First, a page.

ATTENTION, READERS in the 28 EUROPEAN VAT COUNTRIES: Because of the new VAT law, you probably can't order books direct from my site now. But that's okay -- just go to my Smashwords author page.
You can order PDFs (as well as all the other ebook formats) from there.

Monday, May 23, 2016

The Limerick Summary: 2016 AT&T Byron Nelson

Winner: Sergio Garcia

Around the wider world of golf: Rory McIlroy got off the schnide by winning the Dubai Duty Free Irish Open on the ET; Ariya Jutanugarn got her second LPGA win of the season at the Kingsmill Championship; Laura Wearn won the Gosling’s Dark ‘n Stormy® Classic on the Symetra Tour; Byung-Min Cho won the Kansai Open Golf Championship on the Japan Golf Tour; Bernhard Langer won the Regions Tradition, the first Champions Tour major of the year; Richy Werenski won the BMW Charity Pro-Am on the Tour; and Sebastian Vazquez won the 58 Abierto Mexicano de Golf on the PGA TOUR Latinoamérica.

Sergio Garcia with AT&T Byron Nelson trophy

This was the week for top players to complain about how bad their games were. I couldn't help but think about how Jordan Spieth and Brooks Koepka, despite leading the AT&T Byron Nelson, seemed determined to talk themselves out of playing acceptable golf. Jordan clearly got in his own head by the end of the round, and Brooks simply kept trying to hit shots that were giving him problems.

And then there was Sergio Garcia, who sometimes seems as stormy as his El Niño namesake. He said that his game wasn't at its best, but he just kept plugging along and managing his game as best as he could. And there was no better example of that than the playoff. While Brooks stepped up and blasted his tee shot into the water, Sergio made sure he hit a drive in the fairway, played to the safe side of the green, and two-putted for the win.

Sergio's joy at winning again was evident. And the crowds seemed to enjoy it as well, despite their clear support for Jordan.

Jason Sobel wrote an interesting article about Sergio's win for ESPN's website. He said this win might become a blueprint for Sergio's future, because it appears Sergio has realized that winning isn't everything:
"I guess nowadays I also realize that, obviously, winning is amazing; it's great, it's an unbelievable feeling, but it's not the only thing in the world," he said. "There's so many other things that you can do to help people other than hitting the golf ball."
In these moments, just after the victory, he became reflective. Even philosophical.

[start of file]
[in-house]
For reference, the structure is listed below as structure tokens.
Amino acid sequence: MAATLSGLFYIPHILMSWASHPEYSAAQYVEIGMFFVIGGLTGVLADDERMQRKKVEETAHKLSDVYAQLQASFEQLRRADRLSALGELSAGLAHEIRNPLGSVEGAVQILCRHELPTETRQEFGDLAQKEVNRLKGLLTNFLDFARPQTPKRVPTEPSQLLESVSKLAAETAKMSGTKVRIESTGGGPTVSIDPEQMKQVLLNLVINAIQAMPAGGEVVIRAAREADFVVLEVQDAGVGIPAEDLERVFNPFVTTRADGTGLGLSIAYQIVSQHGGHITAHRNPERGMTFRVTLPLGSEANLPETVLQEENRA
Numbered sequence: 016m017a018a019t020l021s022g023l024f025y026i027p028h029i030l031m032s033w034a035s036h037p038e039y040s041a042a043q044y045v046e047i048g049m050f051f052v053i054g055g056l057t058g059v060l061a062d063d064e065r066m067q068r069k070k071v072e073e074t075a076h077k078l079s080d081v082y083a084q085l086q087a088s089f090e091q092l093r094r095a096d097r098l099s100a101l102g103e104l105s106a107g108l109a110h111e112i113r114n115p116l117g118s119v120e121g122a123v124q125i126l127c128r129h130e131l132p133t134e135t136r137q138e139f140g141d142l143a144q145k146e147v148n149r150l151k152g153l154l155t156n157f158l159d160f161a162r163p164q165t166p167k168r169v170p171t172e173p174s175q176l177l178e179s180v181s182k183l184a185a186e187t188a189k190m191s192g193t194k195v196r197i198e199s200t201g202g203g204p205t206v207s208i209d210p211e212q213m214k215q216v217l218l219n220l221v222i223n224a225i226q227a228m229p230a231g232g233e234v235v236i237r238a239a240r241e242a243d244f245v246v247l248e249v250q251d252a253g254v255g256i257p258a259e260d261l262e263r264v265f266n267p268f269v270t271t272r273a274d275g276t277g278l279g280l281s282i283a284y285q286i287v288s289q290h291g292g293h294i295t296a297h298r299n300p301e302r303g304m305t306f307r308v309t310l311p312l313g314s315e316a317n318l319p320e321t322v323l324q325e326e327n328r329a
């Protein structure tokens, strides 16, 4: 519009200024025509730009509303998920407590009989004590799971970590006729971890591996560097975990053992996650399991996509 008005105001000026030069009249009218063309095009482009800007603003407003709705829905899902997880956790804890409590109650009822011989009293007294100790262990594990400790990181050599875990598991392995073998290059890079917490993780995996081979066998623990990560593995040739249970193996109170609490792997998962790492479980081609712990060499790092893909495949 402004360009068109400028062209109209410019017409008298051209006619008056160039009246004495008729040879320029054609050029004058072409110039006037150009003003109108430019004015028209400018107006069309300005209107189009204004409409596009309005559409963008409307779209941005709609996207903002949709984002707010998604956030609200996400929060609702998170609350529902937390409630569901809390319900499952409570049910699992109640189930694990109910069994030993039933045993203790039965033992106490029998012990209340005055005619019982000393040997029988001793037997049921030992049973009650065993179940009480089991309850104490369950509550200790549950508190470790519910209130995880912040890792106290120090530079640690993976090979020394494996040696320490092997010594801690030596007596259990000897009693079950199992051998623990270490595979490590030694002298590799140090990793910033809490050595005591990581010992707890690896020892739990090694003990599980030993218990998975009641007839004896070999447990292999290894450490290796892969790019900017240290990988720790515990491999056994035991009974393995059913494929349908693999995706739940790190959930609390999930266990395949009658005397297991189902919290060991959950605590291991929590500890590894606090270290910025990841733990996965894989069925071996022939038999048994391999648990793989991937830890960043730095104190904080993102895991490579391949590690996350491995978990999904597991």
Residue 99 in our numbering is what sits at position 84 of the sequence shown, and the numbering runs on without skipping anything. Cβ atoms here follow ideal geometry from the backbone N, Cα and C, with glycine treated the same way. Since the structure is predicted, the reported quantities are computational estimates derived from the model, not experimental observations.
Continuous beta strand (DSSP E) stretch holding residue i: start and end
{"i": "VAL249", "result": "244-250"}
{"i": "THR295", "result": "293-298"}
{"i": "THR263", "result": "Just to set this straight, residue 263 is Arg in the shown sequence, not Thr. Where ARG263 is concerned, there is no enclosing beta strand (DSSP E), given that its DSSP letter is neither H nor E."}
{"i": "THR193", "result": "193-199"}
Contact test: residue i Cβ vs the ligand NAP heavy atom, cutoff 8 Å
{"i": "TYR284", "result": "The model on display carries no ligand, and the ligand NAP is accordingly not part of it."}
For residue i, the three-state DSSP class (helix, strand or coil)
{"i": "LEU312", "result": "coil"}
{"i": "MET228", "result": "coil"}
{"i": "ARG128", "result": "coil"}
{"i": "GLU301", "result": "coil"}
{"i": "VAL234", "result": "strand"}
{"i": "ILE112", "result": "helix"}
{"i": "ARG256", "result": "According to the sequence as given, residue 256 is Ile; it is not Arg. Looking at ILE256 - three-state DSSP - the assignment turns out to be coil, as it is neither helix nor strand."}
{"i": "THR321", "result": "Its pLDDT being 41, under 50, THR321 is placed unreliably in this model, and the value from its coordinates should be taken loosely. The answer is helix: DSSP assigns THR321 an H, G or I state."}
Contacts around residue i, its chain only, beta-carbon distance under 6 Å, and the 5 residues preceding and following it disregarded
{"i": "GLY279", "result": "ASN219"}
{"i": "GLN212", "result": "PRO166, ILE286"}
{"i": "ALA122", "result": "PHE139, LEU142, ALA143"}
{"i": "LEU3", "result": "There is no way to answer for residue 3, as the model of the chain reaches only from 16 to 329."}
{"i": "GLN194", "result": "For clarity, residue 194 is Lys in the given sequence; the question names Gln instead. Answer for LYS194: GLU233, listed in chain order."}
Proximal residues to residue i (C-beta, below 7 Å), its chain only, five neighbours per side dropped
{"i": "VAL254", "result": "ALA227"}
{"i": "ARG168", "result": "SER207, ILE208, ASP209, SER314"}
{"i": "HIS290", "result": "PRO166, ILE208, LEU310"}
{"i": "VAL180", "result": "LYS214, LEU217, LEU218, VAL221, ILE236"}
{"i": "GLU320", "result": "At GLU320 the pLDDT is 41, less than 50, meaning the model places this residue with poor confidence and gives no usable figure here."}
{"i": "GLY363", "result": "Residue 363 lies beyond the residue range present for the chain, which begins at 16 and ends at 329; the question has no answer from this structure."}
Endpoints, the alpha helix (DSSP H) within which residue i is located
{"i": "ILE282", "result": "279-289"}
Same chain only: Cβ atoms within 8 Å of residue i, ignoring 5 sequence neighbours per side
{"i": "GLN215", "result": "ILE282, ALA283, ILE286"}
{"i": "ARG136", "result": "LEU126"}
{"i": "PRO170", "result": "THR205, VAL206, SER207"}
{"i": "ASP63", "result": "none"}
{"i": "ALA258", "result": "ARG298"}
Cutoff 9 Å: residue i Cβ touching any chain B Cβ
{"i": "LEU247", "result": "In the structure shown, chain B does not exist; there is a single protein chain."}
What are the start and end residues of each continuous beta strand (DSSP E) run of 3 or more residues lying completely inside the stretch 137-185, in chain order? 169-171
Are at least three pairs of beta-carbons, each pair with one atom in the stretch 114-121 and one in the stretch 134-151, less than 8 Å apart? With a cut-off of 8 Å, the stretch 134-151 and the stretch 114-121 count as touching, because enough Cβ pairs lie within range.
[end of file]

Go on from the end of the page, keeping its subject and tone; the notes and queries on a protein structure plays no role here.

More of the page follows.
"When I'm out there, I'm trying my hardest, but if it doesn't come out, I try to take it as the best way possible. Some weeks are better than others, but, you know, I tried."
I certainly hope Sobel's right. Sometimes I think people with a lot of talent labor under unrealistic burdens, simply because the key to success often has nothing to do with the talents themselves. And learning those 'keys' often takes much longer than expected. Extremely talented people are often the tragic stories, while those who are less talented -- and from whom less is expected -- are given the freedom to fail without being judged.

After all, they weren't supposed to succeed. And because of that, they are given the time necessary to learn how to win.

For Sergio, realizing that majors aren't the be-all and end-all of life may be the very key that frees him up to win one. And if not, he's not doomed to misery. I've felt for some time that Sergio may be like Vijay Singh, who did most of his winning during his 40s. I think that, by then, the external pressure to win that Sergio feels -- and that he has internalized -- may be gone because no one will expect anything then.

In the meantime, I'm thrilled that he got back in the winner's column this week... and that I got to write a new Limerick Summary for him. After all, it's been a while since I had the chance:
The fans came to cheer and applaud,
But their faves claimed their games were too flawed
And drove balls in the muck.
That’s when El Niño struck!
His game management left the crowds awed.
The photo came from this page at

No comments:

Post a Comment